SK: Do you consider any of the shows on Adult Swim literary?

Gene Morgan: I've watched every episode of Frisky Dingo. It has to be literary, somehow.

SK: How did you begin Bear Parade?

Gene Morgan: Tao Lin dared me to create a website, and I did. I made a print book for one of my events here in Houston that included a story of his, and I really started to appreciate it after about the fifth time I read it. A few months later I was chatting with him on the internet, and he brought up the fact that he hated most places that publish work electronically, and I agreed. He told me to make something, and I asked him for some poems to start things. He sent me a group of poems, expecting maybe that I would pick one, and I decided I wanted to publish the entire group. That's when I had the idea to focus on small collections rather than single works. Tao asked for fifty dollars, and I agreed to pay him. I sat down that Saturday and Sunday and thought about names for like twenty hours. Then, when I had a name, I thought about colors and design for like ten hours, made something, and then started to think about the design of Tao's book.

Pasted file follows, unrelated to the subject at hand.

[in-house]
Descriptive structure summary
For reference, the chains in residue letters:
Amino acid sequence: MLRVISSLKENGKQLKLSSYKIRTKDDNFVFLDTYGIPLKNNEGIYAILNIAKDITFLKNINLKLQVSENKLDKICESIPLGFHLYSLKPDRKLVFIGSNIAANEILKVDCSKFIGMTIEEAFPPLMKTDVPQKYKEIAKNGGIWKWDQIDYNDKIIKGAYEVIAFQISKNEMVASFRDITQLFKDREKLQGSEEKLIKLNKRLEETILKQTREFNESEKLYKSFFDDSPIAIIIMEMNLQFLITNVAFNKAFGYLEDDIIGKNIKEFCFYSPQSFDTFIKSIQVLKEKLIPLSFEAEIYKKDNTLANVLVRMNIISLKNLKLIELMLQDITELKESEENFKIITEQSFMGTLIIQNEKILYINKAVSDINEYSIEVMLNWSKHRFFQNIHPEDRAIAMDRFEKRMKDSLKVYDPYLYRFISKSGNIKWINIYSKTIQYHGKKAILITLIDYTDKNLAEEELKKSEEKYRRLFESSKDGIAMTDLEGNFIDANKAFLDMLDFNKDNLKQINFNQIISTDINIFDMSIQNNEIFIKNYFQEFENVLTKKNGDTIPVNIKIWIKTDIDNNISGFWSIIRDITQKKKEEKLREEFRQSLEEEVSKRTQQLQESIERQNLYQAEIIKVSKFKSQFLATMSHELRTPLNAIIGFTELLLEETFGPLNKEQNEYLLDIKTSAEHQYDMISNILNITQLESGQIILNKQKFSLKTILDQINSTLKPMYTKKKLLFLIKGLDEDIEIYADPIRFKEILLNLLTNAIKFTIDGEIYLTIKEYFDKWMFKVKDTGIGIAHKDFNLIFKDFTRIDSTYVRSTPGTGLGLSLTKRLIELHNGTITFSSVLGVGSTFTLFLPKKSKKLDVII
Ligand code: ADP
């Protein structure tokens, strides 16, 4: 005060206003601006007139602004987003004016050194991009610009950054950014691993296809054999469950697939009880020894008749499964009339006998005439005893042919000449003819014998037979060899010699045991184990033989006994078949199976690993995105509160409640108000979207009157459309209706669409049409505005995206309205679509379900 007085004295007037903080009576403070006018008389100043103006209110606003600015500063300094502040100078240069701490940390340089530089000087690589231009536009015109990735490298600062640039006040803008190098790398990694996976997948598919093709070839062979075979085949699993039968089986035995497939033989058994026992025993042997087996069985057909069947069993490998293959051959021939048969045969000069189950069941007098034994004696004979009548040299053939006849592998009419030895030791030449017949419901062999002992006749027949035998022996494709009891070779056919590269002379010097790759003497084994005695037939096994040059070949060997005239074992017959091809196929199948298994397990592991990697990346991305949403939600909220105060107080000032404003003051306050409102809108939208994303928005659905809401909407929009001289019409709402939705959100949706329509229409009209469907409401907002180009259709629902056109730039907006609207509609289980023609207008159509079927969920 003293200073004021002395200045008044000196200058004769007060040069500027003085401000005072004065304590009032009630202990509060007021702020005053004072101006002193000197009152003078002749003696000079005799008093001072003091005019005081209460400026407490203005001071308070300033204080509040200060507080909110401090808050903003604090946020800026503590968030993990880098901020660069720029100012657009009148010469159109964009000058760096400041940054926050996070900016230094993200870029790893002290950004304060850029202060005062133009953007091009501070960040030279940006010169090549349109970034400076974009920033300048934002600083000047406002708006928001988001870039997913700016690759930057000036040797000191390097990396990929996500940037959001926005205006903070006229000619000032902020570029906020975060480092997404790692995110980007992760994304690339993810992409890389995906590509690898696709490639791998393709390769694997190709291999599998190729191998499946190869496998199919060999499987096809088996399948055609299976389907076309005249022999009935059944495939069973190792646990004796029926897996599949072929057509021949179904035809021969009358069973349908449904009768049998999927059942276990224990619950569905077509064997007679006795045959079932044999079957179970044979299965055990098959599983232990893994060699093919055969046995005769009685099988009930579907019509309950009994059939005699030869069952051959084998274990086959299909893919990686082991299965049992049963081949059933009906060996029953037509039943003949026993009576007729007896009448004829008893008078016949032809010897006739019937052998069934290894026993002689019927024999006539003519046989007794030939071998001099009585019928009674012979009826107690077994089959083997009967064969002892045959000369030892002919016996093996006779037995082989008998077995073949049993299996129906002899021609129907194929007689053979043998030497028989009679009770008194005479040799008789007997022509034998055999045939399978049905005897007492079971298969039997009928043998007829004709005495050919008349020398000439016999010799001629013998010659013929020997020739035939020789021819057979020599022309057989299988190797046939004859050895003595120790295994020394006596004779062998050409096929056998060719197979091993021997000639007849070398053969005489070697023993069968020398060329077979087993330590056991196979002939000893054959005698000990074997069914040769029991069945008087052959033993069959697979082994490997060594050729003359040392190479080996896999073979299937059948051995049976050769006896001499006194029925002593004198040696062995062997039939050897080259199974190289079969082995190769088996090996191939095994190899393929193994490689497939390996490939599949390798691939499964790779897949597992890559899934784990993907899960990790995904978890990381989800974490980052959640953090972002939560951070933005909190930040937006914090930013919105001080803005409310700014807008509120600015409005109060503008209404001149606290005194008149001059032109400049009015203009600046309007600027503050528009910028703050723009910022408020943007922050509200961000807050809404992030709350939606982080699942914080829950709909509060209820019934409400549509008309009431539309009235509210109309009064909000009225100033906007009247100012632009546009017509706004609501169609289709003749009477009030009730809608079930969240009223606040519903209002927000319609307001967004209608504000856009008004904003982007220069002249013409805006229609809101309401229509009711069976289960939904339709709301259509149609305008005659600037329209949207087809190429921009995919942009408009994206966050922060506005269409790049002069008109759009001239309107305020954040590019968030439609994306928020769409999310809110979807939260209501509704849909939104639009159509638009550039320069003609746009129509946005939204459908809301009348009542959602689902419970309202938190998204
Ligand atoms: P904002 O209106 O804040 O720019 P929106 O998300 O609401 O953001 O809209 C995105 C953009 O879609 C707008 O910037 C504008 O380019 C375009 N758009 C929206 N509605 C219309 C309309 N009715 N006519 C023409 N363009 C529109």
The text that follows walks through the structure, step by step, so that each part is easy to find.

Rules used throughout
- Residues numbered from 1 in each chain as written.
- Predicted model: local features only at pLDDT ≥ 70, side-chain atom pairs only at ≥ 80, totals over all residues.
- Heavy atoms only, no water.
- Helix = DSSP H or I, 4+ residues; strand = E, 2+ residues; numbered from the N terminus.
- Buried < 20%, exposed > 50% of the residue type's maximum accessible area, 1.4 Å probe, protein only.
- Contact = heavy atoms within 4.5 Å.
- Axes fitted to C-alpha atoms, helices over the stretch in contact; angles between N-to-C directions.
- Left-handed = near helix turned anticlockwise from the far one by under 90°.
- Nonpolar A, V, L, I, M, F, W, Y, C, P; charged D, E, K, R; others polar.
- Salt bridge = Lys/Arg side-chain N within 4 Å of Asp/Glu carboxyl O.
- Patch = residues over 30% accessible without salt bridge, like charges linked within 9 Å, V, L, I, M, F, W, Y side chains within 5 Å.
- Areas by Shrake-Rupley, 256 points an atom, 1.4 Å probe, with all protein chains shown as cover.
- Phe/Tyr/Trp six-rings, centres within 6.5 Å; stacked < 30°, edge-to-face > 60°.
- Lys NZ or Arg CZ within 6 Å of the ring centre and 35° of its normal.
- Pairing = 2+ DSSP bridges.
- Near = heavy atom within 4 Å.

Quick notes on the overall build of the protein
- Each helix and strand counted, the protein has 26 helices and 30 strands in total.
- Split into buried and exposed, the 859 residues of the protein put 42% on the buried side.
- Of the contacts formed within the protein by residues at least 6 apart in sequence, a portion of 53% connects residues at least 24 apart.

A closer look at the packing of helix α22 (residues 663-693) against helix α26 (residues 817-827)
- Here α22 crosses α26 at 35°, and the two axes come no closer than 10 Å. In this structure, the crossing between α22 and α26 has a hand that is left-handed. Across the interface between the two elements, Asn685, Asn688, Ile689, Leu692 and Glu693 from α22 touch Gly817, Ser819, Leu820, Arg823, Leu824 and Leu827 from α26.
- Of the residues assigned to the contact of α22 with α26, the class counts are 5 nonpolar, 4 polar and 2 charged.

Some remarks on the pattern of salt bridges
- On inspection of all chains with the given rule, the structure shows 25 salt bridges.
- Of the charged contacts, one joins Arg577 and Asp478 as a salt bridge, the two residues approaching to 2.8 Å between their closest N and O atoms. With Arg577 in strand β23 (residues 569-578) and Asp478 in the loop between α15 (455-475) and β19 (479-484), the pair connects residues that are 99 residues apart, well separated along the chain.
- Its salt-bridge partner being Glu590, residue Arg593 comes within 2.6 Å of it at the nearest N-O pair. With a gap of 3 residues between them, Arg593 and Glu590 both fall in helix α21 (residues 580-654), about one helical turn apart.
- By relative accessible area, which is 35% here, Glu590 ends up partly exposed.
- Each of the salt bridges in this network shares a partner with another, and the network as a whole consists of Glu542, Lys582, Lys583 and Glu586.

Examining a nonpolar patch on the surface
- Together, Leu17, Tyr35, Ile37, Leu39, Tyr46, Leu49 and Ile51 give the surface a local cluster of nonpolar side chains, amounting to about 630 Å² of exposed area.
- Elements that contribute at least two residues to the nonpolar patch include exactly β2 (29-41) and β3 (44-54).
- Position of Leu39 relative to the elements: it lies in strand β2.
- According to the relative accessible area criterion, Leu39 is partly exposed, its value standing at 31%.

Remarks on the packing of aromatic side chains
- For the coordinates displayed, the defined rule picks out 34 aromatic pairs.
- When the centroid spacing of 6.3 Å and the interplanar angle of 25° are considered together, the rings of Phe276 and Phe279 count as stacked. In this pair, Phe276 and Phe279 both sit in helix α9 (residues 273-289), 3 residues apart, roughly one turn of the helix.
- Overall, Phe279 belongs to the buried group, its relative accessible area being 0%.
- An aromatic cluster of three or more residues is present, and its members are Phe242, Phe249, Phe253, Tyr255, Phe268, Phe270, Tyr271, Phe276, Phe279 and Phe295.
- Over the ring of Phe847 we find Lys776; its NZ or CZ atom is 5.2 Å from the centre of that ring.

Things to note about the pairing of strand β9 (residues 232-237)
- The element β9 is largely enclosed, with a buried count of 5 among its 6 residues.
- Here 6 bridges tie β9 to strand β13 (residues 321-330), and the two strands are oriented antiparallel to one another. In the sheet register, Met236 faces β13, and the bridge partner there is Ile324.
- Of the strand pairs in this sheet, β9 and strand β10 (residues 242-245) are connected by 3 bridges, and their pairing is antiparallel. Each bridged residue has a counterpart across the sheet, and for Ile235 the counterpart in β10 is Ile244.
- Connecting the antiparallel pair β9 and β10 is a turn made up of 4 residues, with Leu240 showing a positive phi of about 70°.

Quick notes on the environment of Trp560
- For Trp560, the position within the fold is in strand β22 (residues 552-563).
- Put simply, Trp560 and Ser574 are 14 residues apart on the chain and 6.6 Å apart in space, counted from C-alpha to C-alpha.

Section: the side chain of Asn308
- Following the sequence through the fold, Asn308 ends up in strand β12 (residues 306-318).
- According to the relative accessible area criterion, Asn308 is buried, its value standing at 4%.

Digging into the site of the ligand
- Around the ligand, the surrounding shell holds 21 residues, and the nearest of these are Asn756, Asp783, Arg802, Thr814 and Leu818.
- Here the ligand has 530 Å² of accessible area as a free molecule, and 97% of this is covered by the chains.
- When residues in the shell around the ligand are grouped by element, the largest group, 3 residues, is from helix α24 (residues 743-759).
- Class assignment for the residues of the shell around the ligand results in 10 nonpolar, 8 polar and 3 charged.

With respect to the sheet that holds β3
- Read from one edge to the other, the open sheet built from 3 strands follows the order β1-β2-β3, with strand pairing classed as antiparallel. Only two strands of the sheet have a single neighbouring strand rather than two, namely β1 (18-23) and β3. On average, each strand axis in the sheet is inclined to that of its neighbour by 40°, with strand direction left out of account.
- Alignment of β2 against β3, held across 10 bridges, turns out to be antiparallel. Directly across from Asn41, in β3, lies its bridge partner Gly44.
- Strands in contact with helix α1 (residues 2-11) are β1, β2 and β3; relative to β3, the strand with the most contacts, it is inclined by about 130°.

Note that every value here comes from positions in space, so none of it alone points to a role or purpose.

SK: Is there any, I don't want to say mission statement, do you think there is a way to describe the writing featured on bear parade without objectifying it? For example, I've read it generalized as minimalism or (favorably) as autistic art. Are generalizations ever useful? I blame capitalism for my question. How does one pitch bear parade to a friend in a way that humors capitalistic media advertisement, but still promotes the site?

Gene Morgan: The people on bear parade are my friends, and they influence me a lot, so it's hard for me to really say what it is they are doing without thinking it's the "best."

I think rather than describing bear parade in terms of its writing style, which is what Tao handles much more than I do, it works better for me to describe it in terms of medium. I feel like that is my focus as an "editor," and I feel more competent and will probably use less generalization if I explain it this way.